There was also a hint of an educator about him. In his shop there were always young men who learned from him the use of tools and many considered him like a father. One even went on for a career in politics and served several years on the local county board of supervisors. This influence would greatly effect the career choice of his daughter. To be an educator

After working as a lineman in the mines Everett decided it was time to retire and devote his life to his love of carpentry. It just so happened that his daughter worked in a school system in the Roanoke Valley of Virginia that very much was in need of a good carpenter. Everett seized the opportunity and quickly found himself not just the head of school carpenters, but employees in other areas, He hd built his own house and knew a great deal about electrical work, plumbing and other areas. For the next ten years he was in demand for his skills in over thirty county schools, there never was a shortage of projects needing his special talents. Diring those years he also mentored many young people in the skills he cherished.

After ten years Everett returned to the mountains of Southwest Virginia hoping to spend his time hunting and fishing. However the demands on a craftsman does not end when he becomes older. If you have the soul of an artist then it is going to take your waking hours and this did not mean Everett only worked for himself. He was constantly called upon by others for making everything from furniture to designing new rooms for homes. Considering this a labor of love he never charged as long as he was furnished with the materials needed and this led for him an exciting new subject.

He saw in a magazine a design for a grandfather clock and it came to his mind that he could do that only better. Hence came what was to give him the nickname of The Clockman of Virginia. His clocks were made from a variety of wood and there were novelties attached. For example on the side of the clock face a window so you could look at and wonder over all the gears and other implements required to keep time. His clocks came into instant demand.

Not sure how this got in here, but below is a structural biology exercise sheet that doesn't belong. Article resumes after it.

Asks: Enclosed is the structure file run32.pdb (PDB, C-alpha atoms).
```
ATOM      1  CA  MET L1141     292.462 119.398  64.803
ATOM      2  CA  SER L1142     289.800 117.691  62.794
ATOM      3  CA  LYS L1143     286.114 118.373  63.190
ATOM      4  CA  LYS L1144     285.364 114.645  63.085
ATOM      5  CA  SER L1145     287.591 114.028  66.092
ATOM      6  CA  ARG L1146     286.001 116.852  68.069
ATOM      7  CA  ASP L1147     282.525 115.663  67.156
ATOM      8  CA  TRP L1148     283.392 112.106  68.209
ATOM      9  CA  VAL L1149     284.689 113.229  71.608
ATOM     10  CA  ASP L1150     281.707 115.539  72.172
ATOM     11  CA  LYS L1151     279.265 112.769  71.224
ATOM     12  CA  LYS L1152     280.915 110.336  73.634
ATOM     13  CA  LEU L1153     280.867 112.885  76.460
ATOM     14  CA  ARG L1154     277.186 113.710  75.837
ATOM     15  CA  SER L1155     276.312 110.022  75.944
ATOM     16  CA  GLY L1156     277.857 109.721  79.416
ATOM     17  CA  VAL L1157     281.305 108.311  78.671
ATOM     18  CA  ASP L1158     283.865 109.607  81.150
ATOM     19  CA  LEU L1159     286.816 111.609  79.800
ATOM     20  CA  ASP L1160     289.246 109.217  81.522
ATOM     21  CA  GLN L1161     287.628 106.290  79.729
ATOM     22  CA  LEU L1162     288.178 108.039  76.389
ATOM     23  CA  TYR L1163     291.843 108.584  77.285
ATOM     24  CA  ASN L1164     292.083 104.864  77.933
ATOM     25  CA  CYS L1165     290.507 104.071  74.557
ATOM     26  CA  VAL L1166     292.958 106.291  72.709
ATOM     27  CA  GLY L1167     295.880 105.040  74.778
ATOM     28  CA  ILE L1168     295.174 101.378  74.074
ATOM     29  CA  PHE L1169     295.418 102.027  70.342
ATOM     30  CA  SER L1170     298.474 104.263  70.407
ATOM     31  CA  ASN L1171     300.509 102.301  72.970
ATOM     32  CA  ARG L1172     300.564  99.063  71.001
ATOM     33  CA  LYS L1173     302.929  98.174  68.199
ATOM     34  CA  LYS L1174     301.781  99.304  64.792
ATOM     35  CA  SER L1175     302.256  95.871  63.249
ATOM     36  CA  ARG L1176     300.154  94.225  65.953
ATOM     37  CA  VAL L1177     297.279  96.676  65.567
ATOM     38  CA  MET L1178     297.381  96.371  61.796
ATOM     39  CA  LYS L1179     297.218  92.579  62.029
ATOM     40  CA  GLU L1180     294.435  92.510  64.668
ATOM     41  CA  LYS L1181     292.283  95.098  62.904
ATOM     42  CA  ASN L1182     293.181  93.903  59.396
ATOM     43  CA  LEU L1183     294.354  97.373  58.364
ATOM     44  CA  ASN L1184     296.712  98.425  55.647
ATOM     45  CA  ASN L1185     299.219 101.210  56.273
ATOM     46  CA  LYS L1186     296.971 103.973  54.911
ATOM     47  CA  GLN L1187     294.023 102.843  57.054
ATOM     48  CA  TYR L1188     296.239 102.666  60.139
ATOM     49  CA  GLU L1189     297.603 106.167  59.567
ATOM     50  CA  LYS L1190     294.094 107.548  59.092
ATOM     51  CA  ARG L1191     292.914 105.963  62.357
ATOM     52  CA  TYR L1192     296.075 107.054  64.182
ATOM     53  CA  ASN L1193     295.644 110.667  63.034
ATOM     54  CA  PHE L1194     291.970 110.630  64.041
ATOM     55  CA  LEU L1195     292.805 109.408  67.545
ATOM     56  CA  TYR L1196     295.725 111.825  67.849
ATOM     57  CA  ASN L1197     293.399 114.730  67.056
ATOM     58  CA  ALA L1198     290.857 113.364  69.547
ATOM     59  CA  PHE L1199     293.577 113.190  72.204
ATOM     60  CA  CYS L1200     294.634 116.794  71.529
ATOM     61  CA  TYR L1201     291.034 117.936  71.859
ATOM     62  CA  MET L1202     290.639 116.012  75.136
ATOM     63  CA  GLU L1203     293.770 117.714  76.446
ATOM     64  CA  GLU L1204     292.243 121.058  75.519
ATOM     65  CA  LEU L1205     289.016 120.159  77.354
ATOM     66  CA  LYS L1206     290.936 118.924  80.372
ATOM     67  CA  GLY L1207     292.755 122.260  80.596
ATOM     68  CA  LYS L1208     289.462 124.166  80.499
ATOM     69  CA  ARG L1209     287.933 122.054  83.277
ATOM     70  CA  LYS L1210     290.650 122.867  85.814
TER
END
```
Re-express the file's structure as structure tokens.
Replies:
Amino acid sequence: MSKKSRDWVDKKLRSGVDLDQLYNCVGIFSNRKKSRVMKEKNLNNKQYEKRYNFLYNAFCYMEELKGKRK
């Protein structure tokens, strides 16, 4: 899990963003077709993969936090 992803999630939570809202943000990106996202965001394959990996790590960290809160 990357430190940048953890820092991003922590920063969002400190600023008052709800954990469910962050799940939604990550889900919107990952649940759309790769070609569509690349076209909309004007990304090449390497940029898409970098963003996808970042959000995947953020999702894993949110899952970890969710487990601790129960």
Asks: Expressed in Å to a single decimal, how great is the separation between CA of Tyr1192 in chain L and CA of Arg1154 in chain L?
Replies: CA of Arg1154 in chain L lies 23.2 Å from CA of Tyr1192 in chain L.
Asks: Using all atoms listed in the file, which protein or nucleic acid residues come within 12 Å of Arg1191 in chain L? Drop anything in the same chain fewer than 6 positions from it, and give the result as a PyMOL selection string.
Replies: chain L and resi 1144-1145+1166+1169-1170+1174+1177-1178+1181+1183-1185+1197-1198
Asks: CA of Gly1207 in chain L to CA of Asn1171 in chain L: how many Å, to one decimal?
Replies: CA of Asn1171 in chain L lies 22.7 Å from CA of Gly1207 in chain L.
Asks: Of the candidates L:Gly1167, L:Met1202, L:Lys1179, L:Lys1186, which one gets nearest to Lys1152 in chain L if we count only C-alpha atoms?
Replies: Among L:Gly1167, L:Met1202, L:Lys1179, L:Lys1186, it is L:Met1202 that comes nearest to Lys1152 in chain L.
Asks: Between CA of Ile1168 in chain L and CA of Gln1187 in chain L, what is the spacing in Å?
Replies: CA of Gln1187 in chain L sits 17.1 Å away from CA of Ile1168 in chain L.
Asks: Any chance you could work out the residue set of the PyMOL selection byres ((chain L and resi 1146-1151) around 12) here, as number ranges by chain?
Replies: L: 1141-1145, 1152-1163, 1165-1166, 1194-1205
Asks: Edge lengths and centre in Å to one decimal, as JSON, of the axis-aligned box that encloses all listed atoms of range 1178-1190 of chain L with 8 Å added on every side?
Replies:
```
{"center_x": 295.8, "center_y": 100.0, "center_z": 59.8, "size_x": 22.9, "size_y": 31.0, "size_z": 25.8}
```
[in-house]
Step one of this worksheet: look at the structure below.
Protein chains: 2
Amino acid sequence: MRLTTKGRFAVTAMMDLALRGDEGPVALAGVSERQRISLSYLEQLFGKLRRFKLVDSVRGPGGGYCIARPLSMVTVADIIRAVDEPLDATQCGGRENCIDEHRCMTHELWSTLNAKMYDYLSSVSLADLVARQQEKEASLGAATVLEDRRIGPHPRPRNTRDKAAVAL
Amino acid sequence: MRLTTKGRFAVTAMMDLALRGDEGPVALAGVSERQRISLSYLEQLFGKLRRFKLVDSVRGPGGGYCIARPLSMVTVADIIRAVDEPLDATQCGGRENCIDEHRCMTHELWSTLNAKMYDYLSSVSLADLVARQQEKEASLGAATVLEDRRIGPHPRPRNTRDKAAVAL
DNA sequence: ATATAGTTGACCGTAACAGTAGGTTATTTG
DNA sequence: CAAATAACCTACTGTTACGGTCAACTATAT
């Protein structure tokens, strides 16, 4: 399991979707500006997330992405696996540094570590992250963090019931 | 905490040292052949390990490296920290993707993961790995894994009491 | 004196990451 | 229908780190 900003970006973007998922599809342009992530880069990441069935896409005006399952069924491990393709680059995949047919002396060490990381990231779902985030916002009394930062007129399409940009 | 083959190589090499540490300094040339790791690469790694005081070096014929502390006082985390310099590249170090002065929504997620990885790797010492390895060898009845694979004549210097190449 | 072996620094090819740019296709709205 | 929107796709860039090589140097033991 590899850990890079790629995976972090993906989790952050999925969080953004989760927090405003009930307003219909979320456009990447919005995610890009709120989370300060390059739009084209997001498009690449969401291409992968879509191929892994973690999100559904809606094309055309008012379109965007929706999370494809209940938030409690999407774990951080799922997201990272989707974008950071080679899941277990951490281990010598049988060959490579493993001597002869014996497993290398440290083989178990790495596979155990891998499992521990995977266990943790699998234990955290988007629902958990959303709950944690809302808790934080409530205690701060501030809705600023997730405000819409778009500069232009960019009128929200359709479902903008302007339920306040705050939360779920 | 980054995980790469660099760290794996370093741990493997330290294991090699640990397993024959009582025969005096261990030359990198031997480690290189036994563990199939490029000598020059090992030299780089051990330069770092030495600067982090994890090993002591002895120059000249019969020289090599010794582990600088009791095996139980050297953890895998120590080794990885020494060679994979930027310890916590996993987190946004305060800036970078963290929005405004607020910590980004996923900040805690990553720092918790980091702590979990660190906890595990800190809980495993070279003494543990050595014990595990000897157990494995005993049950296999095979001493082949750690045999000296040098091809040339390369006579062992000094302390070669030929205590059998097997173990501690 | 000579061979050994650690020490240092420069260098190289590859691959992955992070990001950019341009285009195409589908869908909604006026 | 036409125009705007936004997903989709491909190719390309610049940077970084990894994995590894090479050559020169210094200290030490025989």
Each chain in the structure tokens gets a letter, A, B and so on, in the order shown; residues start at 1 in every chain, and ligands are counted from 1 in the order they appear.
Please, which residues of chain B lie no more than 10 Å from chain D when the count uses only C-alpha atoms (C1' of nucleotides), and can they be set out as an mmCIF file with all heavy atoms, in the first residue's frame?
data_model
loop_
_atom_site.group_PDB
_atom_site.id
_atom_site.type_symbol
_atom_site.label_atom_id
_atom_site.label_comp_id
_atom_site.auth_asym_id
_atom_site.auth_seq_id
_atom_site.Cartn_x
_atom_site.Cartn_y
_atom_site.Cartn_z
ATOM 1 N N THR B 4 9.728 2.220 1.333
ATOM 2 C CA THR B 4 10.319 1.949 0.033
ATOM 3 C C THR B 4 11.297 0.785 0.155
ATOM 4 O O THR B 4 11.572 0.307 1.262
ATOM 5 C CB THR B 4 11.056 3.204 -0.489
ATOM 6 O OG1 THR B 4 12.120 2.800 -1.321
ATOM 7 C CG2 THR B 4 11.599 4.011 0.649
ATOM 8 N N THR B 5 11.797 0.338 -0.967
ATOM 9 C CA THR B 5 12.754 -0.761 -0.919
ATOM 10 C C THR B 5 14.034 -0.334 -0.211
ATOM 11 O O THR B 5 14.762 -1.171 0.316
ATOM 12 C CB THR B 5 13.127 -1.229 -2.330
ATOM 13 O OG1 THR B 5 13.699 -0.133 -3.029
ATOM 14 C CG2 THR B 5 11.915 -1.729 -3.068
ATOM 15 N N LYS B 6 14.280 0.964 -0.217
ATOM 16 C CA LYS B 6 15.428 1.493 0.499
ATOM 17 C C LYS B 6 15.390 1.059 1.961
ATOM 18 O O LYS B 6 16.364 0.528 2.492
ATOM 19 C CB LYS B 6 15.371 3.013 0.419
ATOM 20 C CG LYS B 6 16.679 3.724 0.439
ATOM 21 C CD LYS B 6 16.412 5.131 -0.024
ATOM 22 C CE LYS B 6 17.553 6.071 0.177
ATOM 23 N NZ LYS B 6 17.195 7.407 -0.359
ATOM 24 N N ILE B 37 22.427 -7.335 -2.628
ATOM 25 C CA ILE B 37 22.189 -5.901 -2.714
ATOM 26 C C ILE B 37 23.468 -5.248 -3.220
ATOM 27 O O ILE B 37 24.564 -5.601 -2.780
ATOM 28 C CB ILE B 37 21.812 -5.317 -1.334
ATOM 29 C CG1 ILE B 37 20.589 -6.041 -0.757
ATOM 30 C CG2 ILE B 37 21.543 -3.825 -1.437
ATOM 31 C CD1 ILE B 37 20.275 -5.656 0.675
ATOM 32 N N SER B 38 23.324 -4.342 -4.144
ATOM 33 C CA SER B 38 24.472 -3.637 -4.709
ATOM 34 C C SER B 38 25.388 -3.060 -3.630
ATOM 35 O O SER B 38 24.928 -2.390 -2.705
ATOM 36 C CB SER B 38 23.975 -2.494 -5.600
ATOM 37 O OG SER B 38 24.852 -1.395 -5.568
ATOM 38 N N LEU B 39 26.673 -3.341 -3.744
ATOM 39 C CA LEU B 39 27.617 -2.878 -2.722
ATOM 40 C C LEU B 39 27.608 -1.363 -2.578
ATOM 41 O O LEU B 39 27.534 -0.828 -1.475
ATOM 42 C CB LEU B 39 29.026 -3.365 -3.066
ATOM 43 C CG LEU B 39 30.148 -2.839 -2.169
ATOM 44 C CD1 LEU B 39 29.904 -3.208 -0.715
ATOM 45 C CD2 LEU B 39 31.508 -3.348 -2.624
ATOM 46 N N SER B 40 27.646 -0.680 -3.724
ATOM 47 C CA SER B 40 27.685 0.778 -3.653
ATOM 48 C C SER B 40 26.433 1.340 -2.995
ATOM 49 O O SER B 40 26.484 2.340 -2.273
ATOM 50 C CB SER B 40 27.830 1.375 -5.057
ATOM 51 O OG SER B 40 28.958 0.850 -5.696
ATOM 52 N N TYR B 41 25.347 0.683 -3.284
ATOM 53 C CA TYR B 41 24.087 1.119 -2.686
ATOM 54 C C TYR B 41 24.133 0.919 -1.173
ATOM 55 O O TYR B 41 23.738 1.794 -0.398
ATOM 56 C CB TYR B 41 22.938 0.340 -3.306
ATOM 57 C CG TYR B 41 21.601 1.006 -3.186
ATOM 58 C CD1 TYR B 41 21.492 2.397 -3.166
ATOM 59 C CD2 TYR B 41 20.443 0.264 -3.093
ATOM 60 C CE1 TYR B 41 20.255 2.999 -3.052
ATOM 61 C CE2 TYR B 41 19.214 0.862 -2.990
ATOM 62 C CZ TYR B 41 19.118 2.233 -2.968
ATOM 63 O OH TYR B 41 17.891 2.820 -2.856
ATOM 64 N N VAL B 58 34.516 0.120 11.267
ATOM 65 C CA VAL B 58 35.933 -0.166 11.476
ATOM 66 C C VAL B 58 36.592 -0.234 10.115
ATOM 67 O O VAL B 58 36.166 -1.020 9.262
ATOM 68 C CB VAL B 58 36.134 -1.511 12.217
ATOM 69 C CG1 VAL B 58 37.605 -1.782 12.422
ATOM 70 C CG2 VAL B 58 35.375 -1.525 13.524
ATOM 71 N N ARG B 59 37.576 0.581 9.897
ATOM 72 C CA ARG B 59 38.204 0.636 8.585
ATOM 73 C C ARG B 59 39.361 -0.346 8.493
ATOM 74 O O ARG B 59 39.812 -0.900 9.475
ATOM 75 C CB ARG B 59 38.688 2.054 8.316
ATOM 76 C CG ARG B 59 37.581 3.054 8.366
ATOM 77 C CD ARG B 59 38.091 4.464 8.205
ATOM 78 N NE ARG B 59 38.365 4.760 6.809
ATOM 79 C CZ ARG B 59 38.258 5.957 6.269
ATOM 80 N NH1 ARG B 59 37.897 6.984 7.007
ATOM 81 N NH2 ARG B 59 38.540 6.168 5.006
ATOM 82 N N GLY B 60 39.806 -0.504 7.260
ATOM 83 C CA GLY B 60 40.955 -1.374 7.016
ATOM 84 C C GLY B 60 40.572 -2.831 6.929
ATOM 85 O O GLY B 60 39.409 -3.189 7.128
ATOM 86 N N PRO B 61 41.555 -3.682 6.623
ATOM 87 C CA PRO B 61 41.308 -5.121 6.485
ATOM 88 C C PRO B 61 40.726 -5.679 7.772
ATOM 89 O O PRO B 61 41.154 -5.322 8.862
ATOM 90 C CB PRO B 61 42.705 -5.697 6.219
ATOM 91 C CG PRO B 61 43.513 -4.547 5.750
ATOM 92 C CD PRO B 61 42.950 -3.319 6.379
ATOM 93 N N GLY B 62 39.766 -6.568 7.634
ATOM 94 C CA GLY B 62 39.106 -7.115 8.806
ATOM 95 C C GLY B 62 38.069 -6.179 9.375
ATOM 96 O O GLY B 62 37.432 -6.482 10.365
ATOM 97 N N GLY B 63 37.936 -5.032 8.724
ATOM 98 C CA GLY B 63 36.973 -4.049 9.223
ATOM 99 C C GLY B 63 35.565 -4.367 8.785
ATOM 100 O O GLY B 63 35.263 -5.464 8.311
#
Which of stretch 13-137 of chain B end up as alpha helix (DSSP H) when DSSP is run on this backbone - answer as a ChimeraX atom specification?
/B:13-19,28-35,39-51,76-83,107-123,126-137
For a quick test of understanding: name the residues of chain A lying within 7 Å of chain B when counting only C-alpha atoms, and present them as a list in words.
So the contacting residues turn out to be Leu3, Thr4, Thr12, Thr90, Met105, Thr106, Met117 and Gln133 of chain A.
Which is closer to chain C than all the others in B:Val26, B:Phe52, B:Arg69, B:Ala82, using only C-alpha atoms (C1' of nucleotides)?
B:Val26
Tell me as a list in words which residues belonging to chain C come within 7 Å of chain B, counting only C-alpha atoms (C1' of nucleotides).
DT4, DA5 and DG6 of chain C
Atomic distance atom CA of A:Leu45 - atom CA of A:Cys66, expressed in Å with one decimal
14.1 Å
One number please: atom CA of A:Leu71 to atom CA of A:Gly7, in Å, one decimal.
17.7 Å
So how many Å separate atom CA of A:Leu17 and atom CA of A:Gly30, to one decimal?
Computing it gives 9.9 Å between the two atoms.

Sadly in 1991 The Lord decided Everett’s skills were needed in Heaven. After all, Everett gave God all the credit for his talent so it would be fitting for him to go to a new home. In his will he left all his tools and wood he had saved to local school systems to use in their shops. Unlike Loretta Lynn’s implications in her song, Everett Harr died a very rich man indeed.

Carolyn H. Eichelman

Carolyn Harr Eichelman is a retired teacher with forty years of service with primary grades. A graduate of Radford University she earner a Masters Degree from Virginia Tech and State University. As a teacher she was runner up as most outstanding teacher in Virginia in 1978. She also was an author of the state curriculum guide for kindergarten when it was first begun in the state. Outside of teaching Carolyn served a number of years on the City of Salem Republican Committee and has been very active in Southern Baptist Churches. In recent years she has headed guest relations in Christian related media conventions that raise funds for cancer research. As a cancer survivor this is an important cause. Carolyn is married to a retired teacher, Dr. Frrd Eichelman, has two children, five grandchildren and will soon be a great grandmother.